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The period from 1820 to 1860 was that of New Orleans' greatest development. This was due exclusively to commerce. New Orleans was not a manufacturing city. Only a small portion of the products received there was consumed. It was a point of transshipment, which took what it got from the South and West, and exported it, often without even repacking. Hence, the exports were within a small margin of the receipts. The difference was represented by such breadstuffs and other provisions as were required for local use. The development of its business naturally followed two lines, represented respectively by the river traffic and the ocean-borne traffic. The former was the most picturesque; the latter the more durable. But they were closely related, and the volume of the latter depended, in this prosperous epoch, upon the growth of the former.
During the French and the Spanish regimes, commerce on the river was carried on in canoes, pirogues and "bateaux." Later there appeared on the river "keel" boats, barges and flatboats. These craft floated down the river with the current and were either abandoned or broken up for their timbers at New Orleans; or if a return cargo made the venture profitable, the "keel" boats were taken upstream by the slow processes of "cordeleing" or "bushwhacking." In 1810 the arrivals by river were 679 flatboats and 392 "keel" boats. These brought to New Orleans a miscellaneous character of cargo — sugar, molasses, rice, cotton, flour, bacon, pork, beans, cheese, lumber, lard, butter, onions, potatoes, hemp, cordage, linen, tobacco, hogs, etc. Three-fifths of these products originated above the "falls of the Ohio" — that is, the vicinity of the present City of Louisville; the remainder, below that point.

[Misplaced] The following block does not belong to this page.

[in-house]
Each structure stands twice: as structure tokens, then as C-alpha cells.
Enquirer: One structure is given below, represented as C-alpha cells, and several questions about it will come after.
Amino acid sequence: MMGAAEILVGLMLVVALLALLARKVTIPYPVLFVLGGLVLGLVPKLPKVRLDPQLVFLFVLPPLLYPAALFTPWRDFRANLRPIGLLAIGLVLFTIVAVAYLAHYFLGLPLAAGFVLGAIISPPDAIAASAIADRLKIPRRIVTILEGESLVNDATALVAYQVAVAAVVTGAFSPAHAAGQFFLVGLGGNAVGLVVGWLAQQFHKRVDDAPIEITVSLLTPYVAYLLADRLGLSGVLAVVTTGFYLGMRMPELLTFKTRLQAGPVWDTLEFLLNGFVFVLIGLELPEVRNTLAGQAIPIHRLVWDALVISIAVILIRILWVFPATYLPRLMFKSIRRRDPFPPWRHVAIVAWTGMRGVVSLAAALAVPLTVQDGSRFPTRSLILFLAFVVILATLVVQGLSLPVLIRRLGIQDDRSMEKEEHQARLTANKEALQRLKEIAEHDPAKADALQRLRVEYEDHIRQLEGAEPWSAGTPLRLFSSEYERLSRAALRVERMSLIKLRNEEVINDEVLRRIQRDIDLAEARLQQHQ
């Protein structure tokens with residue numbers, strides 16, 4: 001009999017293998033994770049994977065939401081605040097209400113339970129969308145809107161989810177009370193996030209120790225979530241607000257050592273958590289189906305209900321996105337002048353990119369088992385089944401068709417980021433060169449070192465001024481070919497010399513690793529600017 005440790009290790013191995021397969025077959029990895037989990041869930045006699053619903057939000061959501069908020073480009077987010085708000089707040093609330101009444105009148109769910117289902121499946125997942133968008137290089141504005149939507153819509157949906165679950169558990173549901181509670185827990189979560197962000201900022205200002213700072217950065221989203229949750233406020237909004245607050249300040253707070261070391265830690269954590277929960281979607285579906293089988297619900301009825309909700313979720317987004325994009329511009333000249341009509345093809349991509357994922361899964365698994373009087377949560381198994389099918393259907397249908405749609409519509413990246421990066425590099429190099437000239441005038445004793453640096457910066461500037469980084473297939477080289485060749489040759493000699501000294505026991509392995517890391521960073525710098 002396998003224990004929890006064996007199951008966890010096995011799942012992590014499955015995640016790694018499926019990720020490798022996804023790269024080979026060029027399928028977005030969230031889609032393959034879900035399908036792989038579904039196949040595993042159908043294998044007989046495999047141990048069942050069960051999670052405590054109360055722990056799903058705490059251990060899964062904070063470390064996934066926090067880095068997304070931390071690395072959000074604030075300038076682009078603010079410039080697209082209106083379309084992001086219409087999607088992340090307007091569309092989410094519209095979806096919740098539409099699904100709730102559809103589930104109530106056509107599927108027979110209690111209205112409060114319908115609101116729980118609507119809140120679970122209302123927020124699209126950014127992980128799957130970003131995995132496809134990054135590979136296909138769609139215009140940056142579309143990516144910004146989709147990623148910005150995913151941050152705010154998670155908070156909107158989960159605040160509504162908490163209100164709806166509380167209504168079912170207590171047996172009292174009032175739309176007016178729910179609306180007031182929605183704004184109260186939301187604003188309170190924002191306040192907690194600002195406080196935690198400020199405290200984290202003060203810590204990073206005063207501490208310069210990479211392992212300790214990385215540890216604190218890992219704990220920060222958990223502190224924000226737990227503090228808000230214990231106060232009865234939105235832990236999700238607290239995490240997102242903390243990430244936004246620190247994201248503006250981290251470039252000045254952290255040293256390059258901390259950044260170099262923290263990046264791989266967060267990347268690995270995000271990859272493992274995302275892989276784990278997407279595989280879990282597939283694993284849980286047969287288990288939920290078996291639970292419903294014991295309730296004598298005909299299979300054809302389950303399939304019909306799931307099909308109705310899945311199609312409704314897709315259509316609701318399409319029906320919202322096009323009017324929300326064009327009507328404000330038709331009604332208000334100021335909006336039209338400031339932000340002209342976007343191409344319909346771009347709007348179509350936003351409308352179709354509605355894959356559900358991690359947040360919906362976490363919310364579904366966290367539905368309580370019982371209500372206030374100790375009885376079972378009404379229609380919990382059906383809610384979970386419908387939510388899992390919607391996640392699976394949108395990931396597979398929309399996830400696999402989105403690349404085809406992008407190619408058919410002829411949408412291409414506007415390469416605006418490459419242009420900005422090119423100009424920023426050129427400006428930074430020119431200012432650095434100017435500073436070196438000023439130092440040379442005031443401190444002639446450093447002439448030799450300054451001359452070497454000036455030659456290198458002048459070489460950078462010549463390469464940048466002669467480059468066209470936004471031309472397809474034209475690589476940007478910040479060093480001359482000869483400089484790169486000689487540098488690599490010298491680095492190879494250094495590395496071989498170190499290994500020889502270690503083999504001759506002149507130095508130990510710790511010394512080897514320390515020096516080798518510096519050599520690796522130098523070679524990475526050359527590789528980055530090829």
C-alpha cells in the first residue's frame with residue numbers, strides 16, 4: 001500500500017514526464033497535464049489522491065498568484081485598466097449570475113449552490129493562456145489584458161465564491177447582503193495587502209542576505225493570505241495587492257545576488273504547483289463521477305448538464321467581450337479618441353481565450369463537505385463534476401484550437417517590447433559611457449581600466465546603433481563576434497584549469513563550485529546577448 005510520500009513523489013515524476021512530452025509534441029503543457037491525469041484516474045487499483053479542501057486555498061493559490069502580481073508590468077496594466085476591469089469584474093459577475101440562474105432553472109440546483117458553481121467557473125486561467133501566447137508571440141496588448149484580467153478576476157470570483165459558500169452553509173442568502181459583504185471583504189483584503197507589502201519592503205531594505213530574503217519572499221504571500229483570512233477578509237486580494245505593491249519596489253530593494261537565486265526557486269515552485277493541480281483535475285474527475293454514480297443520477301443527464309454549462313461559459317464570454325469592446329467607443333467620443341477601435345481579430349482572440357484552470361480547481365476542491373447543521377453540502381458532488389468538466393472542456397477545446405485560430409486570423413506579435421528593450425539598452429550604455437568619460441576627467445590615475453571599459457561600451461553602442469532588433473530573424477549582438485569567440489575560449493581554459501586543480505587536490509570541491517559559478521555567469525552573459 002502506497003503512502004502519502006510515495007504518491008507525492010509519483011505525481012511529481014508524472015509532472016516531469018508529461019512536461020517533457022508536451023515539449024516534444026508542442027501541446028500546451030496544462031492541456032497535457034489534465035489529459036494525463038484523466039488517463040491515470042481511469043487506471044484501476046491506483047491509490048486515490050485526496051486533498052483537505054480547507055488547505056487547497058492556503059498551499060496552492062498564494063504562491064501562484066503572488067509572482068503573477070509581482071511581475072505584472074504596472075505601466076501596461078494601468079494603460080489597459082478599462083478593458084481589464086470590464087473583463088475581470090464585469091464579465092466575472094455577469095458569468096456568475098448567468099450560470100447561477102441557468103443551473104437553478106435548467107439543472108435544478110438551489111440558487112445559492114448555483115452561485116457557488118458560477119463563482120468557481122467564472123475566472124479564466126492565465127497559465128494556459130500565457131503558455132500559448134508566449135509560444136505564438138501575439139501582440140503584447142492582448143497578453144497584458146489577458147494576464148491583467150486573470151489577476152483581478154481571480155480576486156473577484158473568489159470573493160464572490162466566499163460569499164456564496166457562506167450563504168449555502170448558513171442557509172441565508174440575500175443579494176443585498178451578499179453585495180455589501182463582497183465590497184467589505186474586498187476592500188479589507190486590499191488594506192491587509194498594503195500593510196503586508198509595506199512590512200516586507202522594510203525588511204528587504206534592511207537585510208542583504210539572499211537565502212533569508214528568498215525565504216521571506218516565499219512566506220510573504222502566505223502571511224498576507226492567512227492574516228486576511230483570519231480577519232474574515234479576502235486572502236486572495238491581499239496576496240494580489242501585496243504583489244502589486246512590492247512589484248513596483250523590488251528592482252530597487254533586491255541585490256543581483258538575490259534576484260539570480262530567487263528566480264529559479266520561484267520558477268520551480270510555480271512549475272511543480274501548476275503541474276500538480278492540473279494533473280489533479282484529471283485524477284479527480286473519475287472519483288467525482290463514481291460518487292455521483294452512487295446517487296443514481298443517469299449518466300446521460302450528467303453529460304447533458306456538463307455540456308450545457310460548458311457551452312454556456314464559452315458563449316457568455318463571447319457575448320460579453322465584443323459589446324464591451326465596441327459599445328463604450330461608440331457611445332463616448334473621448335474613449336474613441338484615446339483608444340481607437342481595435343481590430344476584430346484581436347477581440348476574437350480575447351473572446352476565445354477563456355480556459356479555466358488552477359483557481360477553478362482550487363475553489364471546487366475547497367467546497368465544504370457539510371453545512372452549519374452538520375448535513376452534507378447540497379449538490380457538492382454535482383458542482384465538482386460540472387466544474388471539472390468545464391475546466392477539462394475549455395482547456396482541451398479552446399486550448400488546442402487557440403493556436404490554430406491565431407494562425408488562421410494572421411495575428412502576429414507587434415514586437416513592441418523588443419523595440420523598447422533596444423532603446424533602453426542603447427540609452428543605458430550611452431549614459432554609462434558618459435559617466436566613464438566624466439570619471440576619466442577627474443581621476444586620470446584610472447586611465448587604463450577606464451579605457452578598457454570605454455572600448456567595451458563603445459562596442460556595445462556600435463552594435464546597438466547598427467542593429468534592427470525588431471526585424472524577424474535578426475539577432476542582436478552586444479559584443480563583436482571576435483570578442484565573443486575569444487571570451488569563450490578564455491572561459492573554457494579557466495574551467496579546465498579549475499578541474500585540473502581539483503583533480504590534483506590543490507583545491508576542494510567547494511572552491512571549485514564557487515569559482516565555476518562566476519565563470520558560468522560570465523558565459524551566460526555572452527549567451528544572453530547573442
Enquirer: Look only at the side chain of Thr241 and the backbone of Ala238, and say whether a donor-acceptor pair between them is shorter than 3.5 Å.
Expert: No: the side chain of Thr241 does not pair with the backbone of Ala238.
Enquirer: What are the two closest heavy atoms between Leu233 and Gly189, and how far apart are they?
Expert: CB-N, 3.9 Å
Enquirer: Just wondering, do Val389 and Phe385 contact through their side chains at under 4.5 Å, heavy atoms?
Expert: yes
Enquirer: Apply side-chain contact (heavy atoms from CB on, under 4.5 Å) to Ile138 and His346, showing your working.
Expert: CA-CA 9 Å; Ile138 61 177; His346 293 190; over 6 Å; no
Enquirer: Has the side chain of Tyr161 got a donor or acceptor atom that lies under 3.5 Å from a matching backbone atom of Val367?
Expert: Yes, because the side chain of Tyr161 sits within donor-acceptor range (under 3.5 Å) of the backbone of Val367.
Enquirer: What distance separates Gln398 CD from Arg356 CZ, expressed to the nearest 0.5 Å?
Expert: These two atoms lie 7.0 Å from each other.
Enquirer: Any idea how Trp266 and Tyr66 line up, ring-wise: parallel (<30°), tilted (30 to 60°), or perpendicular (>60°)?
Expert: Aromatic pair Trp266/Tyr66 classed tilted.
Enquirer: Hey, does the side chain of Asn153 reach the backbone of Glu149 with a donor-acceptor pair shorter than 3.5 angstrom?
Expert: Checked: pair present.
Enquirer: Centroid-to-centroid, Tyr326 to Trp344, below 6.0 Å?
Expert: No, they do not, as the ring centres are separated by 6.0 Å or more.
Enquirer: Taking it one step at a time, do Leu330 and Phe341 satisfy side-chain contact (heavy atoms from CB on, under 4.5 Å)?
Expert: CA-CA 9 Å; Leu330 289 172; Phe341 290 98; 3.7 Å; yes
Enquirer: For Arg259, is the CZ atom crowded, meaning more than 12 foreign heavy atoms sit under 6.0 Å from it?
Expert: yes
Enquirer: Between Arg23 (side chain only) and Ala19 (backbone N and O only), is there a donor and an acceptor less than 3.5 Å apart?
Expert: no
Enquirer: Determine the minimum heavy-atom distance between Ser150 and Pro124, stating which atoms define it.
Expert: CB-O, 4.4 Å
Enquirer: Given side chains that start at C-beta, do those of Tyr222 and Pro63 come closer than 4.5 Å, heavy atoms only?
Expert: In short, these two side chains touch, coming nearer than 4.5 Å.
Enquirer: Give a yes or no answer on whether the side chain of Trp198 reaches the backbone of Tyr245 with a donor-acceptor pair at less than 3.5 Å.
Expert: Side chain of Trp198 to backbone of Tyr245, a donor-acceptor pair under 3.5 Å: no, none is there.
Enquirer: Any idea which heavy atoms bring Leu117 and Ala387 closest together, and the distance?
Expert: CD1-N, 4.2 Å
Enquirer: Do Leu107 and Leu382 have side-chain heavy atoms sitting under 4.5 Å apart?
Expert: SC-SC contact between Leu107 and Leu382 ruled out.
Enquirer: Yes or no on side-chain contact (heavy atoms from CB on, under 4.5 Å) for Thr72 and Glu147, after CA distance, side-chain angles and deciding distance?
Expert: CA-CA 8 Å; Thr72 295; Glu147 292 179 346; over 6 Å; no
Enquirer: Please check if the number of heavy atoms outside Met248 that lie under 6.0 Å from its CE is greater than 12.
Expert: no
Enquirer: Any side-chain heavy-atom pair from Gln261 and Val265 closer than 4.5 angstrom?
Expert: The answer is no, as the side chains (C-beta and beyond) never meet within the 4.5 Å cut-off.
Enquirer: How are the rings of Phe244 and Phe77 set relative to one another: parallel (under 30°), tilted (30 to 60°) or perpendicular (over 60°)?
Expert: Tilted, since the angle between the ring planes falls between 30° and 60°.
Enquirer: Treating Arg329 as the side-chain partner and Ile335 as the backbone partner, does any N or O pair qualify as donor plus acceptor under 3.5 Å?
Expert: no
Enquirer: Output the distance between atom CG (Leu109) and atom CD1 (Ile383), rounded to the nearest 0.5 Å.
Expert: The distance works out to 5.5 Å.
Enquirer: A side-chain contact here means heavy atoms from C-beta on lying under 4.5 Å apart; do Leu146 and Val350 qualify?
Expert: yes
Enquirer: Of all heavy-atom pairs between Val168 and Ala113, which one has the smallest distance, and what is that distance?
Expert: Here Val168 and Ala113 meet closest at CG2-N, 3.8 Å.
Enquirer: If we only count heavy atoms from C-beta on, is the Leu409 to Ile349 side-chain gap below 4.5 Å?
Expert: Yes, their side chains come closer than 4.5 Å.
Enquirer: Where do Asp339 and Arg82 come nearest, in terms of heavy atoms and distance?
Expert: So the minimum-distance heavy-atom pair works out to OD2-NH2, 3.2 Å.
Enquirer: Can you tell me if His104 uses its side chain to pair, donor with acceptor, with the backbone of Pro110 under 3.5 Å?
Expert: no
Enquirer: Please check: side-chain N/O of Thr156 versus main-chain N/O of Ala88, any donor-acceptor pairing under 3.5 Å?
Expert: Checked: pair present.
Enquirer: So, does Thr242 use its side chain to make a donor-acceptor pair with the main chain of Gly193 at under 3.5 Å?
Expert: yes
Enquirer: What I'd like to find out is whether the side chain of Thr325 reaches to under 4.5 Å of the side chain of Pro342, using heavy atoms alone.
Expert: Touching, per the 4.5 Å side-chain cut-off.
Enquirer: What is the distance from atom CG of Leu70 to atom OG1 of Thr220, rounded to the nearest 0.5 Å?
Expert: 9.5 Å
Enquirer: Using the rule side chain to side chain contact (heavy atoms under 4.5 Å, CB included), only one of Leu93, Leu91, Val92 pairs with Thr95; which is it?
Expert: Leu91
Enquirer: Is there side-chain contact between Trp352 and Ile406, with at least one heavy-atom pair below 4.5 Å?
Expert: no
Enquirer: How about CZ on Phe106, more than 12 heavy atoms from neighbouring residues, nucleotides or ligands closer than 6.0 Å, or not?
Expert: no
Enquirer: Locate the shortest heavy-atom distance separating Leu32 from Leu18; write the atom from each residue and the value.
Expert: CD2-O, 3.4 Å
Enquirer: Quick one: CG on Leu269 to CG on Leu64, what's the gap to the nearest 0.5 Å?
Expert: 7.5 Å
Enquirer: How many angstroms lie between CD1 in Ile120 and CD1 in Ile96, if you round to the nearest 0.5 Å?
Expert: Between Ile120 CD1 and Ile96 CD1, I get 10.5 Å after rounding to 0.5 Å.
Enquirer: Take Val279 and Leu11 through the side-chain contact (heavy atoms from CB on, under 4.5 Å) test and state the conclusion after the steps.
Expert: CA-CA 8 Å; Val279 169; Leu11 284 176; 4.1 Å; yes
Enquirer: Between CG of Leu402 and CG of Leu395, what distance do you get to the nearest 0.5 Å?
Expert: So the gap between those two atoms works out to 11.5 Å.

Early in the century the success of steam navigation on the Hudson River induced some enterprising persons to build a steamboat at Pittsburgh to trade with Natchez and New Orleans. This boat was named "New Orleans." She was designed by Robert Fulton. Her construction was supervised by Nicholas J. Roosevelt, grand-uncle of the late President Roosevelt. Fulton and Robert R. Livingston furnished the capital for the venture. This craft arrived at New Orleans on January 12, 1812, and shortly thereafter began the ascent of the river, as it was found that she could go upstream at the rate of •three miles an hour. She made thirteen trips to Natchez in the little more than one year of her existence, and averaged a gross revenue of $2,400 per trip. Her example was followed by other steam craft, and soon the steamboat was a familiar sight on the river, sixty boats being built before the year 1820.
Fulton and Livingston discontinued the trade in consequence of a decision of the courts denying their claim to a monopoly of river navigation for a period of twenty-five years. The second steamboat built for western waters was the "Comet," of twenty-five tons. Her career was brief, but she ran from New Orleans to Natchez, a distance of •285 miles, in five days and ten hours. The third boat was much larger. She was the "Vesuvius," of 340 tons. She was the first boat to attempt the p201 ascent of the river above Natchez. She left New Orleans for Louisville June 1, 1814, but grounded on a sandbar •700 miles upstream and was compelled to remain there inactive until a rising river floated her off. She then returned to New Orleans, and was commandeered by Jackson for use in the defense of the city against Pakenham's attack. Later she resumed the trade between New Orleans and Louisville, and continued therein until sold in 1819 at auction to settle a claim against her. The fourth steamboat, the "Enterprise," after being used as a transport by Jackson, entered commerce and shortened the time to Natchez by a full day. She made the trip to Pittsburgh in twenty-five days, reducing the time between New Orleans and that city by something like two months.